EU funding to small businesses advances e-commerce and now needs a greater performance focus

Met dank overgenomen van Europese Rekenkamer, gepubliceerd op woensdag 7 januari 2015.

A report published today by the European Court of Auditors (ECA) finds that support from the European Regional Development Fund (ERDF) to small and medium-sized enterprises (SME) in the field of e-commerce - buying and selling goods on the internet - has contributed to increasing the availability of business services online. However, shortcomings in the European Commission’s monitoring instruments made it impossible to assess to what extent ERDF support has contributed to the achievement of national and EU information technology (ICT) goals as well as to SMEs’ own business plans. Moreover, weak selection procedures by Member States mean that many projects are unlikely to provide value for money.

"E-business is still business, and business needs planning, clear objectives and ways of measuring them,” commented Oskar Herics, the ECA Member responsible for the report. “Too many of the projects we audited did not have these elements. The Commission should make sure that Member States monitor the actual impact of their grants on small business development and, wherever possible, link payments to results. It’s good to be on the Information Super-Highway, but we have to know where we are going.”

The EU's auditors found that Member States’ operational programmes (OP) served as a good basis for providing support to SMEs in the field of e-commerce but not for performance measurement. Managers of the programmes focused more on using the money (outputs) than on achieving results at both the selection and monitoring stages. Overall, SMEs implemented the projects smoothly but the results achieved were not always apparent. The auditors therefore recommend that the Commission:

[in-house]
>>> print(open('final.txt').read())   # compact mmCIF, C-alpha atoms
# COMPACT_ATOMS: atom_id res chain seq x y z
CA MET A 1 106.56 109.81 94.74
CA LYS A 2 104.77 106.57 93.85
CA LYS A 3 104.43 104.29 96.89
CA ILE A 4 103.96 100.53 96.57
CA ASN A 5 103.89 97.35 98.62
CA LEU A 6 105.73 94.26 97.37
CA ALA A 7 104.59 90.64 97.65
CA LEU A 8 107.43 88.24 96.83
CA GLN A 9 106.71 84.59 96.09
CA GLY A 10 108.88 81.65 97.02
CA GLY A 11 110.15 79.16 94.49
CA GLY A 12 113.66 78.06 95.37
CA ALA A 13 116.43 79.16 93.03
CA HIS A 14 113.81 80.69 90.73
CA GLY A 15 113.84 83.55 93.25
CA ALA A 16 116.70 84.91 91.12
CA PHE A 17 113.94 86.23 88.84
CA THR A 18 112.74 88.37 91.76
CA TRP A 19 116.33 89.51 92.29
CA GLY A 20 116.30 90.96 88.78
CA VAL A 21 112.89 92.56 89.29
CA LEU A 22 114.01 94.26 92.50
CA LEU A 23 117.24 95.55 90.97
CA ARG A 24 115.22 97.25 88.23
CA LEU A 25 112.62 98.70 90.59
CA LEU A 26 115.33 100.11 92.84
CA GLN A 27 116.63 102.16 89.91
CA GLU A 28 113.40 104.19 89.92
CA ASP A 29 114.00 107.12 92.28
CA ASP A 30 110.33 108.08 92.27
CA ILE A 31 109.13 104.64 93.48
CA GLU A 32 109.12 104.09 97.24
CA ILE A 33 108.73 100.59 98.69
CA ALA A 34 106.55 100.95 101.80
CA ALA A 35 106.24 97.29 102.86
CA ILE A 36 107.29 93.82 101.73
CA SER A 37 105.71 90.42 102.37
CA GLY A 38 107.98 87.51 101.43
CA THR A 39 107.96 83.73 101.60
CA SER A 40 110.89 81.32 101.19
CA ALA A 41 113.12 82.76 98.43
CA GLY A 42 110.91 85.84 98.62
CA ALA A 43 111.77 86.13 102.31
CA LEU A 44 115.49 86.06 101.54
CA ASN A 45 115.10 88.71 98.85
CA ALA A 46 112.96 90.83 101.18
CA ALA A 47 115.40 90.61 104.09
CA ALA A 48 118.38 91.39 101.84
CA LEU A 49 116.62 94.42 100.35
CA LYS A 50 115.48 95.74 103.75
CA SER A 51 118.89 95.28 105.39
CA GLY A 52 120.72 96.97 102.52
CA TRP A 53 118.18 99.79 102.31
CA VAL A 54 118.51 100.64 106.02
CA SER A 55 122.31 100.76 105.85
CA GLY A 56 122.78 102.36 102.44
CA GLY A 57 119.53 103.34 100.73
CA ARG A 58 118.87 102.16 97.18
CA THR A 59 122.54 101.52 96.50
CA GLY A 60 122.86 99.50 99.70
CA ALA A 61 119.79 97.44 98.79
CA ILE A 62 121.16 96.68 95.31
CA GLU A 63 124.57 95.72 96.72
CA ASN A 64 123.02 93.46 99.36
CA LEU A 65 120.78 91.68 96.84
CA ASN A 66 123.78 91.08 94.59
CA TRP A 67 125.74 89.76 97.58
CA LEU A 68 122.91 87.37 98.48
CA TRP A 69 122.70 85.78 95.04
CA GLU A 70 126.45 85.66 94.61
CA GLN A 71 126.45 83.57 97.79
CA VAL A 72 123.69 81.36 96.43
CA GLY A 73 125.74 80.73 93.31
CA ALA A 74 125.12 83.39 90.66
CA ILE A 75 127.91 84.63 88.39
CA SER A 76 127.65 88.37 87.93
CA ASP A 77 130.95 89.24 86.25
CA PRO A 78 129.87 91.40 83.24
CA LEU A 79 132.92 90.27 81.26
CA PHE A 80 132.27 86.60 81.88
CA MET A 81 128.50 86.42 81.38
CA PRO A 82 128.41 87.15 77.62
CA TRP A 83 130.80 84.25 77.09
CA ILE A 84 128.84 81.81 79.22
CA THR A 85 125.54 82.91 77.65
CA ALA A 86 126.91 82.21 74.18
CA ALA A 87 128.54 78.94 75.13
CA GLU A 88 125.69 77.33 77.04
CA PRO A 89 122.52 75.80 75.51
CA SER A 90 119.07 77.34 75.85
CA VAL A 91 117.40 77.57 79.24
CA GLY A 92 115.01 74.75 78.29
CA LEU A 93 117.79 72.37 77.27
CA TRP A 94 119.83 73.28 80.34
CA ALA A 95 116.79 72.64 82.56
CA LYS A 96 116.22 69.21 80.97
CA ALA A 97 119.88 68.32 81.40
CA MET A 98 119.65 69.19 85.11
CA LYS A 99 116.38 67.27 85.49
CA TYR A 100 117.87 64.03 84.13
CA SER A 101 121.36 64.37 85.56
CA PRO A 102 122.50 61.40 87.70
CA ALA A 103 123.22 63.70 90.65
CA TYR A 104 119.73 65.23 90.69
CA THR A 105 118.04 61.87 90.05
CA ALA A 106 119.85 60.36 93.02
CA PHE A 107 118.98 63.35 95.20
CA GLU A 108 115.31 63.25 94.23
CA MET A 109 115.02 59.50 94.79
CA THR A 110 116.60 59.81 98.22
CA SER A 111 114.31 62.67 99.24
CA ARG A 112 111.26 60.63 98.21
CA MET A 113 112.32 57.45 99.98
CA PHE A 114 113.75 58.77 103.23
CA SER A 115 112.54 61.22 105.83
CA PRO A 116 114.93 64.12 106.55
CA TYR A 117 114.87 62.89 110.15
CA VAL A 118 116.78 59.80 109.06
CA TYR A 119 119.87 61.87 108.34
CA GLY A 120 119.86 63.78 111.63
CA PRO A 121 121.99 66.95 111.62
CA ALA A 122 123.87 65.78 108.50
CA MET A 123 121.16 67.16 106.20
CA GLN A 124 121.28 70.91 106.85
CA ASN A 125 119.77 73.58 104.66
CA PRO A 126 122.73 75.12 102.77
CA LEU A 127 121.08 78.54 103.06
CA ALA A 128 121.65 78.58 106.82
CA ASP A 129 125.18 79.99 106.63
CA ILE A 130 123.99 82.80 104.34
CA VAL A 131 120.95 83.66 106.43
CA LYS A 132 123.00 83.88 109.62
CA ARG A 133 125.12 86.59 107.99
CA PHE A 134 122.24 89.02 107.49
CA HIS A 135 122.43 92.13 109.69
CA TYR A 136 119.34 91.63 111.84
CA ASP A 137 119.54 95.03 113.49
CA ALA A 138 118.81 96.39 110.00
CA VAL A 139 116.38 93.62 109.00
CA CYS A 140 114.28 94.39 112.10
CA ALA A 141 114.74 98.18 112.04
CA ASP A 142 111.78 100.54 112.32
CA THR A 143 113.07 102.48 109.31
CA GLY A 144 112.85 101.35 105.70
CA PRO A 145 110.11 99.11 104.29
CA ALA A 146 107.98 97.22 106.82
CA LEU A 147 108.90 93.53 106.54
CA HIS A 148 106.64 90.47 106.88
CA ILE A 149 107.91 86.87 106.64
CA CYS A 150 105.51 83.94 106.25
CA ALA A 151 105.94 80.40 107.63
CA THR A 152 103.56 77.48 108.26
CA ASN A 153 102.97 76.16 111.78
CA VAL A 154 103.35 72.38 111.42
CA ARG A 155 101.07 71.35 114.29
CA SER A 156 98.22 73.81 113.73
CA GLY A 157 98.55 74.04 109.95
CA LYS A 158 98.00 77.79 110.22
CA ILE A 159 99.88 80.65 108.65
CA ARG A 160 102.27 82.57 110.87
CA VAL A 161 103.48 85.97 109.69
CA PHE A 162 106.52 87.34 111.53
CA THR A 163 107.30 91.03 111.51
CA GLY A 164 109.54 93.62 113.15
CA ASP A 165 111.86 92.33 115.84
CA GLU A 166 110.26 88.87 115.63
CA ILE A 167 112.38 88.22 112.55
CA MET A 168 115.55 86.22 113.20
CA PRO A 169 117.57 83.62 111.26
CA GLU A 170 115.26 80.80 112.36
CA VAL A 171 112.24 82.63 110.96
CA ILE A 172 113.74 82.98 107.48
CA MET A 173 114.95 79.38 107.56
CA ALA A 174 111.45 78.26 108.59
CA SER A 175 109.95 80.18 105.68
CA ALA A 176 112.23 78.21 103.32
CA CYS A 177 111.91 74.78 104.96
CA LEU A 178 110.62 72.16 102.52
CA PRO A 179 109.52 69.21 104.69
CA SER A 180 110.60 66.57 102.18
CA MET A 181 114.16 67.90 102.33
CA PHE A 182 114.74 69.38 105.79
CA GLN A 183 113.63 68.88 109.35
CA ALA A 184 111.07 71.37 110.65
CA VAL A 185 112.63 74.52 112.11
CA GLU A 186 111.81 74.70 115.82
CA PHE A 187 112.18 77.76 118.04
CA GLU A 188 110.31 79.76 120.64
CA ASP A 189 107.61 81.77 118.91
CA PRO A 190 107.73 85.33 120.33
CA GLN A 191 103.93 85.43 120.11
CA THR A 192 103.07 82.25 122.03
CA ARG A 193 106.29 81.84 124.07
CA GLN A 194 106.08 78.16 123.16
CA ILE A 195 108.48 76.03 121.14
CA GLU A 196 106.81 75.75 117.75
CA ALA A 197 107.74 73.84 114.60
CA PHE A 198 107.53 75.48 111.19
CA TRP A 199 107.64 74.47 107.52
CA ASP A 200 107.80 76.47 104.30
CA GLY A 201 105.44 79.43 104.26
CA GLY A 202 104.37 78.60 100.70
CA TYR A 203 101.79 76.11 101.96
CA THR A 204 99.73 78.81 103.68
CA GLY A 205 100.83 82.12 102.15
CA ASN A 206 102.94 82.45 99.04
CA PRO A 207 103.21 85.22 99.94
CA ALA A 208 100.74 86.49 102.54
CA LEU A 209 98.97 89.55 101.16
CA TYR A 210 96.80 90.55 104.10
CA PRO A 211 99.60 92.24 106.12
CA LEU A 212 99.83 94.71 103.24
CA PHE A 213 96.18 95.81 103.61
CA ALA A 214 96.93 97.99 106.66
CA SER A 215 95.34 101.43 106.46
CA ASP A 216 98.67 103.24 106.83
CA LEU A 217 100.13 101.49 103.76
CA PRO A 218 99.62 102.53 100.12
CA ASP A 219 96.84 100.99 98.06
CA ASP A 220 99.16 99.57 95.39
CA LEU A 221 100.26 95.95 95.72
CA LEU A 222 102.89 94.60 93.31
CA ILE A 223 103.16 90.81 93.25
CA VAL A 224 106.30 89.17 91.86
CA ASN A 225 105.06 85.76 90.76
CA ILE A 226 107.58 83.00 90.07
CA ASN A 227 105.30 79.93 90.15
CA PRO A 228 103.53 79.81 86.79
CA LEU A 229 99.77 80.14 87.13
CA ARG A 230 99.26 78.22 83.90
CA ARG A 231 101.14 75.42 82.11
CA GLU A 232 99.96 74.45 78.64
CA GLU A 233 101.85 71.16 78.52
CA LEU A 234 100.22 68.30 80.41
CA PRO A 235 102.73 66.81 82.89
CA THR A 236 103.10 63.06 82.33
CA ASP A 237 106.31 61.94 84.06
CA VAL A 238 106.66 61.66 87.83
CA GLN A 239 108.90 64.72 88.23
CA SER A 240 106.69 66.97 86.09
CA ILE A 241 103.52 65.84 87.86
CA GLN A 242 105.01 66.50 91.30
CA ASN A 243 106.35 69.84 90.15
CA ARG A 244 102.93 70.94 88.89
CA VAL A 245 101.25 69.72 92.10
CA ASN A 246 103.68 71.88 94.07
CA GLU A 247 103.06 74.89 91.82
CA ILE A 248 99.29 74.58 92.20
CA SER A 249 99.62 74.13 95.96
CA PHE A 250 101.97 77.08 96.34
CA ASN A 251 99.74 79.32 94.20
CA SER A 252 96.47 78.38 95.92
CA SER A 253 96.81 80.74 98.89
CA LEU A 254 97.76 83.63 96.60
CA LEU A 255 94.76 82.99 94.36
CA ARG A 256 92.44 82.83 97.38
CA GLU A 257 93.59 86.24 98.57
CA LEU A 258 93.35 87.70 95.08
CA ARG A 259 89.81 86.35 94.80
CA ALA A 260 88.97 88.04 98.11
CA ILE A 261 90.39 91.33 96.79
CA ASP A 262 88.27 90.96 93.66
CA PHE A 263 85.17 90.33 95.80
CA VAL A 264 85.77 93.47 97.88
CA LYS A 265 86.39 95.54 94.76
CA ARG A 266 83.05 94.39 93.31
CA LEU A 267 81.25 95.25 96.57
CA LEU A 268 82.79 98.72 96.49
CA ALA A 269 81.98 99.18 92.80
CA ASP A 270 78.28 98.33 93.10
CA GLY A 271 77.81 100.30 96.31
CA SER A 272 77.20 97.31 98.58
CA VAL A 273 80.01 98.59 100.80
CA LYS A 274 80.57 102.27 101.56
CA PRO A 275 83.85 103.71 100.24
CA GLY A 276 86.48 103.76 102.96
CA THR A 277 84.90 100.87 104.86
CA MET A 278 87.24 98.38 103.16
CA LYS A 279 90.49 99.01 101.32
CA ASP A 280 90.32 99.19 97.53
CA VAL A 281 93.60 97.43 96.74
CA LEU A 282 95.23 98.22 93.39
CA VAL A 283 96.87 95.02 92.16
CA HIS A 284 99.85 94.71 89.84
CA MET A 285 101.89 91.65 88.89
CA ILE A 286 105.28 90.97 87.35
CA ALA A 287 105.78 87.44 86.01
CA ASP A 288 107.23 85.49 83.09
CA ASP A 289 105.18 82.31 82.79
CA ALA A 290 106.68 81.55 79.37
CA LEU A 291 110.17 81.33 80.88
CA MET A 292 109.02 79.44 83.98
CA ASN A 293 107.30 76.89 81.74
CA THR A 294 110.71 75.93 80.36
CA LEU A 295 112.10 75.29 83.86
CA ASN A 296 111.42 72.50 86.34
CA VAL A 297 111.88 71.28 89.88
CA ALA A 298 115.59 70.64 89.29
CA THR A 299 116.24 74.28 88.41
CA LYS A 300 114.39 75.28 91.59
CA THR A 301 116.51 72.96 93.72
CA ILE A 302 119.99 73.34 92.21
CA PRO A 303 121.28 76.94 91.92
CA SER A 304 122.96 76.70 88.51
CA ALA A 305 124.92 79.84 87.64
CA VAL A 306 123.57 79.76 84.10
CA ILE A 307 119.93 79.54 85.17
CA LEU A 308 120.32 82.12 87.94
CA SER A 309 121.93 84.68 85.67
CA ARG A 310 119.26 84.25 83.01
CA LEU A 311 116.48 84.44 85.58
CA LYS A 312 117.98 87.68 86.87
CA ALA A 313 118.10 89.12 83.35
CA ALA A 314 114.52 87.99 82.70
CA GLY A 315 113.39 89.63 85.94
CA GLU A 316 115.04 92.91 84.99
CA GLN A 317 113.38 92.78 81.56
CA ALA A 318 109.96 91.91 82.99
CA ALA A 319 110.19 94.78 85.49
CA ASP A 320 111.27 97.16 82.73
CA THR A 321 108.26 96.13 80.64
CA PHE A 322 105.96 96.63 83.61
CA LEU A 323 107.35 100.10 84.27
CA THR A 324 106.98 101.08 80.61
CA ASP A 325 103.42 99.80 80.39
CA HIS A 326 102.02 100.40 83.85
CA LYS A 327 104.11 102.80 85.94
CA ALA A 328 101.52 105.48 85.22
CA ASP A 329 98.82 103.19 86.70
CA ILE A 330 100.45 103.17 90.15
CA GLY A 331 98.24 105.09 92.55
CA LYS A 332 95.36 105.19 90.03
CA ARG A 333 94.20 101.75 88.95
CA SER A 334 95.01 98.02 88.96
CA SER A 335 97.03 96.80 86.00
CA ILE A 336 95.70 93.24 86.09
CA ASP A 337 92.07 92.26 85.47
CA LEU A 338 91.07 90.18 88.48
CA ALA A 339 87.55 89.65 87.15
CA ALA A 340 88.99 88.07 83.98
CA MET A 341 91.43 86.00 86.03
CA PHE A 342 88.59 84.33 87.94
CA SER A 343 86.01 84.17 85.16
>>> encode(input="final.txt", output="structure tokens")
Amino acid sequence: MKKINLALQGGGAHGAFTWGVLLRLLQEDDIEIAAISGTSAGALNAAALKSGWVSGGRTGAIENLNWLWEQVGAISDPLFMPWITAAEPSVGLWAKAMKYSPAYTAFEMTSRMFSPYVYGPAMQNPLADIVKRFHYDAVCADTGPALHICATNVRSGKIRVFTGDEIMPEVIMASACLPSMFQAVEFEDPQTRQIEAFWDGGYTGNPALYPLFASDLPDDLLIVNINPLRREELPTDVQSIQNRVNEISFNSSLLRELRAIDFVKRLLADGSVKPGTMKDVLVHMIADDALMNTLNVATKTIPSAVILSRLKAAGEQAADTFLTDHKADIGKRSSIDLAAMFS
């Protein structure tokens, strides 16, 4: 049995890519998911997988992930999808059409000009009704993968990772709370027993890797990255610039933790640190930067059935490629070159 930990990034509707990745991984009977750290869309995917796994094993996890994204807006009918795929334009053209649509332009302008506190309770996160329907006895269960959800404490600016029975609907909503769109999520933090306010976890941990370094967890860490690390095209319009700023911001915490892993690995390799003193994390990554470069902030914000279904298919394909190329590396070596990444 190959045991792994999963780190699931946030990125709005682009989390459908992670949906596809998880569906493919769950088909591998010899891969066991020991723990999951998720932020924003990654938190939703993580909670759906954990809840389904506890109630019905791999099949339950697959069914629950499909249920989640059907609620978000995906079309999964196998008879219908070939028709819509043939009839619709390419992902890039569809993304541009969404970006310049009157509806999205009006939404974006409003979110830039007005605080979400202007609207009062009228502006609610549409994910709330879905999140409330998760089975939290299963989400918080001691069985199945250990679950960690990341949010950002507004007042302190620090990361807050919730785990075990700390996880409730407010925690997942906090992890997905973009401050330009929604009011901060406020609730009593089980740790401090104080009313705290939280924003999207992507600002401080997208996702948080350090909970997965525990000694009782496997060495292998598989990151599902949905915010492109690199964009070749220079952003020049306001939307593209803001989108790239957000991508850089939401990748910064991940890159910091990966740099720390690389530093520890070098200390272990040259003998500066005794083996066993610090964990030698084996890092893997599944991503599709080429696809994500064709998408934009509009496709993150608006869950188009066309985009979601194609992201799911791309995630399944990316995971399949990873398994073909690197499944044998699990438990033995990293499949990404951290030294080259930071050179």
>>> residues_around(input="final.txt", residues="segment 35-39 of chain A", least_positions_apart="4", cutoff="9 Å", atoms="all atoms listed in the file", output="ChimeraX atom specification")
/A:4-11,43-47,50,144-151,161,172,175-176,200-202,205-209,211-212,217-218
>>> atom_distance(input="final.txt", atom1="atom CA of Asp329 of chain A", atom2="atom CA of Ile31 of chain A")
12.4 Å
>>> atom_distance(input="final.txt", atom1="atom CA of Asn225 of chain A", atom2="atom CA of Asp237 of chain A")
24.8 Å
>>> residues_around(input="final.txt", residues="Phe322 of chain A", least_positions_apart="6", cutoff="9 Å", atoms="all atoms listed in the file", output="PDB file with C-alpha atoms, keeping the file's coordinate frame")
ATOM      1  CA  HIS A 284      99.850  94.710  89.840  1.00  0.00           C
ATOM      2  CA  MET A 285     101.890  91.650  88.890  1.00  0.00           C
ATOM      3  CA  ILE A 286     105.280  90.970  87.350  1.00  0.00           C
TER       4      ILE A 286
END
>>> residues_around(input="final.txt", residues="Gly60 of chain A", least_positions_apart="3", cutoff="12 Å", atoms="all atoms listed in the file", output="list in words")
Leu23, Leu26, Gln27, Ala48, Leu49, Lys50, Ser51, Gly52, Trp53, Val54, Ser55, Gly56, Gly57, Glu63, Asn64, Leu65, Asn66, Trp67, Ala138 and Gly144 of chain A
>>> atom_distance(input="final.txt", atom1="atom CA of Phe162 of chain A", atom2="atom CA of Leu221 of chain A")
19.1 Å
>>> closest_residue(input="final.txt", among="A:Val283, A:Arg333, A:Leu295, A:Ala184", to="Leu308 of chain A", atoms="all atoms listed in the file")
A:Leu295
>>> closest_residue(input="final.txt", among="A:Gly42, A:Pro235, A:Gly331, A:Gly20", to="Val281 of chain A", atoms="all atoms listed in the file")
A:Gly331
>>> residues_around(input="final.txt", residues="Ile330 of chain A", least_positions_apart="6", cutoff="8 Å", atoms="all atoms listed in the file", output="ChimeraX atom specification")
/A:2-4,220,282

• ensure that it obtains consistent and reliable information from the Member States on the progress of the OPs, not only in financial but also in performance terms, with a particular emphasis on result indicators and targets;
  • insist that the selection criteria and procedures put in place by the Member States ensure the selection of projects that maximise added value among applicants in terms of fostering e-commerce development in SMEs and achieving the targets set by the Digital Agenda for Europe (DAE);
  • require managers of the programmes in the Member States to put management tools in place to monitor the impact of the grant on the business development of the SMEs supported.

The Commission accepts most of the recommendations but admits that linking ERDF payments for e-commerce with results would be challenging.

SPECIAL REPORT: Has ERDF support to SMEs in the area of e-commerce been effective?

PRESS RELEASE: EU funding to small businesses advances e-commerce and now needs a greater performance focus, say EU auditors